saṃkleśa-pakṣo dvividhaś-ca dṛṣṭas-tathā dvikalpo vyavadāna-pakṣaḥ /
There are understood to be two aspects to defilement;
correspondingly, there are two approaches to purification:
ātmāśrayo hetu-balādhikasya bāhyāśrayaḥ pratyaya-gauravasya // 5.16 //
In one with stronger motivation from within, there is self-reliance;
in one who assigns weight to conditions, there is outer-dependence.

ayatnato hetu-balādhikas-tu nirmucyate ghaṭṭita-mātra eva /
The one who is more strongly self-motivated loosens ties
without even trying, on receipt of the slightest stimulus;
yatnena tu pratyaya-neya-buddhir-vimokṣam-āpnoti parāśrayeṇa // 5.17 //
Whereas the one whose mind is led by circumstances struggles to find freedom,
because of his dependence on others.

nandaḥ sa ca pratyaya-neya-cetā yaṃ śiśriye tan-maya-tām avāpa /
And Nanda, whose mind was led by circumstances,
became absorbed into whomever he depended on;
yasmād-imaṃ tatra cakāra yatnaṃ taṃ sneha-paṅkān munir ujjihīrṣan // 5.18 //
The Sage, therefore, made this effort in his case,
wishing to lift him out of the mire of love.

mohātmikāyāṃ manasaḥ pravṛttau sevyas-tv-idam-pratyayatā-vihāraḥ /
When working of the mind is delusory, 
one should appreciate the causality therein;
mūḍhe manasy-eṣa hi śānti-mārgo vāyv-ātmake snigdha ivopacāraḥ // 16.64 //
For this is a path to peace when the mind is bewildered,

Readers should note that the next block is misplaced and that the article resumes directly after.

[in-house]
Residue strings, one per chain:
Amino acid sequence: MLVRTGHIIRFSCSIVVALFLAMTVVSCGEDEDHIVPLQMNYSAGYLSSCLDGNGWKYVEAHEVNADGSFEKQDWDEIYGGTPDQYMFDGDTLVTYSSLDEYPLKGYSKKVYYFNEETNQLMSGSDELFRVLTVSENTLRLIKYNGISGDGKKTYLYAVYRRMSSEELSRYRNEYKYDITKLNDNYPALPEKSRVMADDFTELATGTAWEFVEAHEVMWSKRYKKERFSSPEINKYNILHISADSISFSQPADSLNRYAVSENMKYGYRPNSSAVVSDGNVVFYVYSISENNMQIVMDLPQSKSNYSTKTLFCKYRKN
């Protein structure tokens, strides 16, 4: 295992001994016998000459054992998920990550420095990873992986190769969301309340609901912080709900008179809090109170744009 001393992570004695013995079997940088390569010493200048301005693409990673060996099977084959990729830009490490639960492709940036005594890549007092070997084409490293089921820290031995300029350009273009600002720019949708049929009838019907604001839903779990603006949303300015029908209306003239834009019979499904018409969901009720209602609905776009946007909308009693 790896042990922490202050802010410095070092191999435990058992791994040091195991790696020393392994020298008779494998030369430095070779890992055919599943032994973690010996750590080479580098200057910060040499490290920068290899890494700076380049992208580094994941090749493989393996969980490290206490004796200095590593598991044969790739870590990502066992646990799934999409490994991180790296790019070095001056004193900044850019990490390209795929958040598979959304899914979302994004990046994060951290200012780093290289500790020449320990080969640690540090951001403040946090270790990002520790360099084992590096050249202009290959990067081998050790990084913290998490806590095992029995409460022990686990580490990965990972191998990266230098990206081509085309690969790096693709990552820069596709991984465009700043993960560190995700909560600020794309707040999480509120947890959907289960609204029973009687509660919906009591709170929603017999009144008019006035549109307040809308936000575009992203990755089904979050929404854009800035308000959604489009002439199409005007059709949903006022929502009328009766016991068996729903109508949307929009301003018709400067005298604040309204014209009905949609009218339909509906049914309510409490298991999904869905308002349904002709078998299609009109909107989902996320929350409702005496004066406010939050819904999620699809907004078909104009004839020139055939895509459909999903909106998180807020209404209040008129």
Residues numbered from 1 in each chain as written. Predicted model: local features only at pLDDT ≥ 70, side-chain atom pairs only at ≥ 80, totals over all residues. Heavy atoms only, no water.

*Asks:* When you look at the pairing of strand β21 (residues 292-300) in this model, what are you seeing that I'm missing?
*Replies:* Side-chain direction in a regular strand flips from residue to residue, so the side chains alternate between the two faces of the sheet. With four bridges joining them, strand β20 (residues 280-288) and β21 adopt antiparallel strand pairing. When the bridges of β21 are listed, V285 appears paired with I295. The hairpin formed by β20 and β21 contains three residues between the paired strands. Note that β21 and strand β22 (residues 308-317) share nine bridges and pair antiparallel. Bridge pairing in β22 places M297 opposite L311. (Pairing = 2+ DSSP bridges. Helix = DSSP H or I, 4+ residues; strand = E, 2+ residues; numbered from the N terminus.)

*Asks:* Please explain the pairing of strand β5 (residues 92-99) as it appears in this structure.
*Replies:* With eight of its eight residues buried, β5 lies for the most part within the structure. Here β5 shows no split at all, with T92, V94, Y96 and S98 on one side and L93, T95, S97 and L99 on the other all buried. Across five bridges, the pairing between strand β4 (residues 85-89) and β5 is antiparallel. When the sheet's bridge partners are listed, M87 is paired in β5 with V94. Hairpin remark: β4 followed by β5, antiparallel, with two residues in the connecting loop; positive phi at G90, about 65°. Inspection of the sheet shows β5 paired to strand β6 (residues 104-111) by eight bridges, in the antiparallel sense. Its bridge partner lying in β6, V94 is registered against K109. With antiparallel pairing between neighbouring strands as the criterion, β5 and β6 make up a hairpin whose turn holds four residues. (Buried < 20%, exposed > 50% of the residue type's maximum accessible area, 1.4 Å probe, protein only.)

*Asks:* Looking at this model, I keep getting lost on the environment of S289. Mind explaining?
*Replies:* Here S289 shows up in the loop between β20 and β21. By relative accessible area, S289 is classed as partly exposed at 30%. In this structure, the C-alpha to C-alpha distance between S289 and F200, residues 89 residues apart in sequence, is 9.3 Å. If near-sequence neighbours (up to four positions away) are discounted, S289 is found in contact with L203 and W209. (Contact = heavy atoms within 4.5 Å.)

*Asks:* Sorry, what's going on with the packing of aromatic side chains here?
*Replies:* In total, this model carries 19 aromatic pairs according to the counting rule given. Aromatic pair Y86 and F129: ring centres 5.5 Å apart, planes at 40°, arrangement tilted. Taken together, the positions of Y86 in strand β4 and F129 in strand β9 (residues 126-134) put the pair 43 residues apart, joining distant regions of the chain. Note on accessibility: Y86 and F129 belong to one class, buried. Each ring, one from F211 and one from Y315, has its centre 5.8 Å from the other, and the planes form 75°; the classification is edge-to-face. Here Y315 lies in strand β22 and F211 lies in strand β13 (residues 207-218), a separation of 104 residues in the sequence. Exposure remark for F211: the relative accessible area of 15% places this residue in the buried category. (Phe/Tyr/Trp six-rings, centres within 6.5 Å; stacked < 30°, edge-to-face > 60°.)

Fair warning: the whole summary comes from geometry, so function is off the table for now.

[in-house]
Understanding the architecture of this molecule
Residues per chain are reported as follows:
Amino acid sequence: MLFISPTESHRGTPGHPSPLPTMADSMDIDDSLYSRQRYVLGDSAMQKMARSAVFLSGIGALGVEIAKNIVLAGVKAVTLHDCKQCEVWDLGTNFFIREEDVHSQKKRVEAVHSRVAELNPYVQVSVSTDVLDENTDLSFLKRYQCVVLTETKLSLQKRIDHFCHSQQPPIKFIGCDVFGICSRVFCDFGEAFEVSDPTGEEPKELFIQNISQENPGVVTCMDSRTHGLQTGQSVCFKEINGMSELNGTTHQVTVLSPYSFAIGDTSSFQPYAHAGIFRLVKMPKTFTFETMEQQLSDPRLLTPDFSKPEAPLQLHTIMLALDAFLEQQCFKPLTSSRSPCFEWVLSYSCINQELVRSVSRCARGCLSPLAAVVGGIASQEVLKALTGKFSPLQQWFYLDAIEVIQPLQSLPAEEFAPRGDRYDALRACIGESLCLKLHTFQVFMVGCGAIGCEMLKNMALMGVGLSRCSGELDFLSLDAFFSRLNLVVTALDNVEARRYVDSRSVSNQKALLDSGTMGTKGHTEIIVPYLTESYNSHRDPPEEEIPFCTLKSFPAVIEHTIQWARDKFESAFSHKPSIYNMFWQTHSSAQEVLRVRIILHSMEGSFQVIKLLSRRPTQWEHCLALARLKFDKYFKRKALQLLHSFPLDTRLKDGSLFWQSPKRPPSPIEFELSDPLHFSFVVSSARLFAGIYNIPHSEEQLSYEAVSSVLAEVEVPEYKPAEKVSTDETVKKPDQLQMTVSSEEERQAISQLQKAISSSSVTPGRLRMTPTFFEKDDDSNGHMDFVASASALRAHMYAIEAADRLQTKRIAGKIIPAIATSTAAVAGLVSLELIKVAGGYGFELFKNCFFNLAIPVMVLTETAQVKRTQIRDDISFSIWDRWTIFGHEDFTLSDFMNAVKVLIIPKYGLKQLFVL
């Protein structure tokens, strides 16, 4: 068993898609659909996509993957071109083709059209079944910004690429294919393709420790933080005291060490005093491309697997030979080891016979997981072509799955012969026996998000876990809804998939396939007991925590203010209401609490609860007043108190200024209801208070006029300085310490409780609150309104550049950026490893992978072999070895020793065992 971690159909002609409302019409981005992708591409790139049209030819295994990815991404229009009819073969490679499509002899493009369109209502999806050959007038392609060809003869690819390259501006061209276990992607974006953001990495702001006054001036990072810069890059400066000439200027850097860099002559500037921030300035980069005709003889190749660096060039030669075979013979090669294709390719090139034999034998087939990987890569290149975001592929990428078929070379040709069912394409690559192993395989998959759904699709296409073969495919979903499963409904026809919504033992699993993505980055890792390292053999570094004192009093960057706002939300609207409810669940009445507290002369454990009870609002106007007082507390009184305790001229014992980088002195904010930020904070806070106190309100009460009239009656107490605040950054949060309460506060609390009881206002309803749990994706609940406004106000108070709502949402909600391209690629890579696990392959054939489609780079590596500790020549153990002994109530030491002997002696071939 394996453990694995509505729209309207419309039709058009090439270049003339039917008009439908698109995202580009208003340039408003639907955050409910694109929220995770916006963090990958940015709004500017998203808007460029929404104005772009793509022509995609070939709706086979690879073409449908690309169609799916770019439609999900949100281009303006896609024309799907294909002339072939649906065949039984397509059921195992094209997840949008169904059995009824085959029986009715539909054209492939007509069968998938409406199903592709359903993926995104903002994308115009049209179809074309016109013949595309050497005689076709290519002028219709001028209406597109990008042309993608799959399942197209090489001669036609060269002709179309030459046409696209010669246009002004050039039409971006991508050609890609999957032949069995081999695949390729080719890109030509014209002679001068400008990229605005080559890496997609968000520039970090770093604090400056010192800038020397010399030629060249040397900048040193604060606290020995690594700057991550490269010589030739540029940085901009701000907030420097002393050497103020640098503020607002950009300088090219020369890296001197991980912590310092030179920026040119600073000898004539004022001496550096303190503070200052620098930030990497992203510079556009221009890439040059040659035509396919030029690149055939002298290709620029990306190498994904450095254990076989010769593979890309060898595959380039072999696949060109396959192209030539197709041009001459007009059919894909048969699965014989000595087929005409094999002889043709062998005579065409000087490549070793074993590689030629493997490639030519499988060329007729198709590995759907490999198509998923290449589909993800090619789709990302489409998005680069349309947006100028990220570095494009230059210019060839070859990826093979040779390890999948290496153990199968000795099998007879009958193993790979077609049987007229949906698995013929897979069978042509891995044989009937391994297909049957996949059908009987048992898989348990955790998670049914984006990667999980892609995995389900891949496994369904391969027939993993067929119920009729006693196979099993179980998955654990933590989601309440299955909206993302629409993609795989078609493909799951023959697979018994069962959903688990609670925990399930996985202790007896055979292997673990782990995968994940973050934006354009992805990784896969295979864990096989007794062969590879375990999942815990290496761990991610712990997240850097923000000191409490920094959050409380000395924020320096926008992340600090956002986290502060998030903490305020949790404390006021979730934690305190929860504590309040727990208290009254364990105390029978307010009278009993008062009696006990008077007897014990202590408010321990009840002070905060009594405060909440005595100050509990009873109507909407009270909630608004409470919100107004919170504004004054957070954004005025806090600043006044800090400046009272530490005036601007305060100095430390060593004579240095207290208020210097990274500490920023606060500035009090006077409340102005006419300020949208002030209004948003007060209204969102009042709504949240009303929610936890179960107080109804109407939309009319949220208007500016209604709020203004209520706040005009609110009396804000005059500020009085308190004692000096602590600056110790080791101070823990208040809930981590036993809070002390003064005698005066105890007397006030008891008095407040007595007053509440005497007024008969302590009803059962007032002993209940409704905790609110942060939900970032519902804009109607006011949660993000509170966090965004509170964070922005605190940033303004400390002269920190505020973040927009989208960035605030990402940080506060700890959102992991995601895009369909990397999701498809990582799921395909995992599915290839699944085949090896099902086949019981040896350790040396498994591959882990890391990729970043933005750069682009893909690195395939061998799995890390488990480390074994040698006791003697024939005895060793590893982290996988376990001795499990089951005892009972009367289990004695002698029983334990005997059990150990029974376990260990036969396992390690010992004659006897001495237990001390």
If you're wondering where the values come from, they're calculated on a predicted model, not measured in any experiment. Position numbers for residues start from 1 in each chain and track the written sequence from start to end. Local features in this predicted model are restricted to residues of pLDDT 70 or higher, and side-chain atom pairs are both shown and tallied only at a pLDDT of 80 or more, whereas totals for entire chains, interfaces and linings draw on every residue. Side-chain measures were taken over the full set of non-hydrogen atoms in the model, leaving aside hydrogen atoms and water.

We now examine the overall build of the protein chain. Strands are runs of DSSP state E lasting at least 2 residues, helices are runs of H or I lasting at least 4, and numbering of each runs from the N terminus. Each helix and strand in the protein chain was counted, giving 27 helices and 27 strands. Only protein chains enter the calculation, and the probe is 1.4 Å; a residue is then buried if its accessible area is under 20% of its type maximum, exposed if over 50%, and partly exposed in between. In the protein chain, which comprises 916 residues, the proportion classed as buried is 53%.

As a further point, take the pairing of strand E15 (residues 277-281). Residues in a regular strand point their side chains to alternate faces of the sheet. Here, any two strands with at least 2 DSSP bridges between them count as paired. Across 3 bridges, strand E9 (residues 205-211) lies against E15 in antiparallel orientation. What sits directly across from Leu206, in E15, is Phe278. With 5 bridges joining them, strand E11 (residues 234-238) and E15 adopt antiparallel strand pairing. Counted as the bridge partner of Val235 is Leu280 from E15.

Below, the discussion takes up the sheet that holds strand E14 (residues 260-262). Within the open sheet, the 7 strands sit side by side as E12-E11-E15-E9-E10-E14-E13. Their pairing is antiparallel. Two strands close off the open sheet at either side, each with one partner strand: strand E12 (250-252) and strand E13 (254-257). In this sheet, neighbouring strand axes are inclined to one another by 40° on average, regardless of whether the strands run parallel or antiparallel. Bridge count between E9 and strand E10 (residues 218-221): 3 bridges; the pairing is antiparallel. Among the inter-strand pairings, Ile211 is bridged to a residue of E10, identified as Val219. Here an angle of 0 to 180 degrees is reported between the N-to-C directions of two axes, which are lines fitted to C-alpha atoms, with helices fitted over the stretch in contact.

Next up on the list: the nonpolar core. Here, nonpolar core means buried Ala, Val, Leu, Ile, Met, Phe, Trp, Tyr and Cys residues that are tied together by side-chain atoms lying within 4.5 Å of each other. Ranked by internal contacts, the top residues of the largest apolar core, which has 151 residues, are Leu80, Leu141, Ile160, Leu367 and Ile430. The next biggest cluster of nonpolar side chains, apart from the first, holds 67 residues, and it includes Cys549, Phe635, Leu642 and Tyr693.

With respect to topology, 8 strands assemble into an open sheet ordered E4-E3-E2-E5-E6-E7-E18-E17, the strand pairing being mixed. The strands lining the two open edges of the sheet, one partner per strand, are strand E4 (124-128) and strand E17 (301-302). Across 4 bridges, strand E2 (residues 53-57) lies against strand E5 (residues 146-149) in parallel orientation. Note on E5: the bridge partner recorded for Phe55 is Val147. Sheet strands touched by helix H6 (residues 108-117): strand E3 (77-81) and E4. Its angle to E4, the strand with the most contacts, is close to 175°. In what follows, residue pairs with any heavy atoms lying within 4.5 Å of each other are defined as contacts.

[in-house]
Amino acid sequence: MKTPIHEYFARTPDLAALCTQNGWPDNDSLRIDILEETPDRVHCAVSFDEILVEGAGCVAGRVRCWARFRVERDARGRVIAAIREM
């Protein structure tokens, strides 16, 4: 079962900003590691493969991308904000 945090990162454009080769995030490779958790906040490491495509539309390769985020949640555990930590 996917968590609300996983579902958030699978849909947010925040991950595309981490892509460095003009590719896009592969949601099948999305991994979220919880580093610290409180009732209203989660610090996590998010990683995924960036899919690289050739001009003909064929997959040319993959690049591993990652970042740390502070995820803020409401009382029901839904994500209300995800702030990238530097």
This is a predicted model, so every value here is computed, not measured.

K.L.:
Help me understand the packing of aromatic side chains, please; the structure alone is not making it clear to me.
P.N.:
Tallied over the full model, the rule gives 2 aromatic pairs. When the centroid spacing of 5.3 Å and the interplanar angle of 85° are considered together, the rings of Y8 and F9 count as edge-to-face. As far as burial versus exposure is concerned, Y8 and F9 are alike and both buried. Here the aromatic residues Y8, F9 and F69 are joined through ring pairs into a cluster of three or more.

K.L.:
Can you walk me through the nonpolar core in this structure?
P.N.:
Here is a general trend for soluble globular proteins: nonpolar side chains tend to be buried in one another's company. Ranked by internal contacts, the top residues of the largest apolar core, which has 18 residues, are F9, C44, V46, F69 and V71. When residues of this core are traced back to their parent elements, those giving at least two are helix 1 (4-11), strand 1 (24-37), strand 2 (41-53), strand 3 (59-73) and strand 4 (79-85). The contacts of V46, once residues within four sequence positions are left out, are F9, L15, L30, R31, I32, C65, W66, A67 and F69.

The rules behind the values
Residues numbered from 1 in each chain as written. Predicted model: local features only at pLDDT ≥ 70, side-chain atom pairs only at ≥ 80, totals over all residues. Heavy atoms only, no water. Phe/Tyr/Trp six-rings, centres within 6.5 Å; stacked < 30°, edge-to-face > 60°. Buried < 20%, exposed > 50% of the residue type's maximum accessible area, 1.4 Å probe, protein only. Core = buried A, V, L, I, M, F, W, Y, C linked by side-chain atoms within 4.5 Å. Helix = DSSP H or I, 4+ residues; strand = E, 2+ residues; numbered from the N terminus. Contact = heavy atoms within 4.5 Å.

like treating a wind condition with oil.

sambhārataḥ pratyayataḥ svabhāvād-āsvādato doṣa-viśeṣataś-ca /
On the grounds of their being held together, 
their causalityand their inherent nature,
on the grounds of their flavour and their concrete imperfection,
athātmavān-niḥsaraṇātmataś-ca dharmeṣu cakre vidhivat parīkṣām // 17.15 //
And on the grounds of their tendency to spread out, 
he who was now contained in himself, 
carried out a methodical investigation into things.

In these verses from Saundara-nanda, the sense of conditionality or causality is to the fore. But in the present context in Buddha-carita, what the bodhisattva is negating –at least ostensibly, on the surface – is belief.

Hence EBC translated the 3rd pāda:
What wise man would go by another's belief?
And PO similarly:
For what wise man would follow another's belief...?

EHJ, however, was at pains to retain the sense established in Saundarananda (especially in SN Canto 5) of dependence on conditions.

Hence EHJ translated:
For what wise man would go forward in dependence on another...?

EHJ added in a footnote:
The prince's rejection of para-pratyaya has doctrinal significance. It is only the man of feeble faculties, in whom the roots of good are weak, who depends on others; those like the prince, in whom the force working for enlightenment is strong (note BC2.56 rūḍhamūle 'pi hetau), act of themselves, as clearly put at SN5.15-18.

I think EHJ may have been correct in intuiting that Aśvaghoṣa intended more by pratyaya than initially meets the eye. At the same time, in wanting to make the connection he wants to make to pratyaya as dependence on conditions, EHJ has translated the 3rd pāda in a way that seems somehow forced. The compound para-pratyaya-taḥ seems to be asking to be translated simply as:
  • by / on the grounds of (-taḥ)
  • another person's / somebody else's (para-)
  • pratyaya.

The central question that remains, then, is how to translate pratyaya, whose definitions in the MW dictionary include belief, assumption, ground, cause, co-operating cause.

Looking ahead to the coming couple of verses, so far I do not see those verses as likely candidates for concealing an ironic subtext. So perhaps I am barking up the wrong tree.

But, for example, might a worldview born of doubt – a way of seeing the world which is transcendent and full of paradoxes – be the essence of the transmission that Nāgārjuna received via Aśvaghoṣa?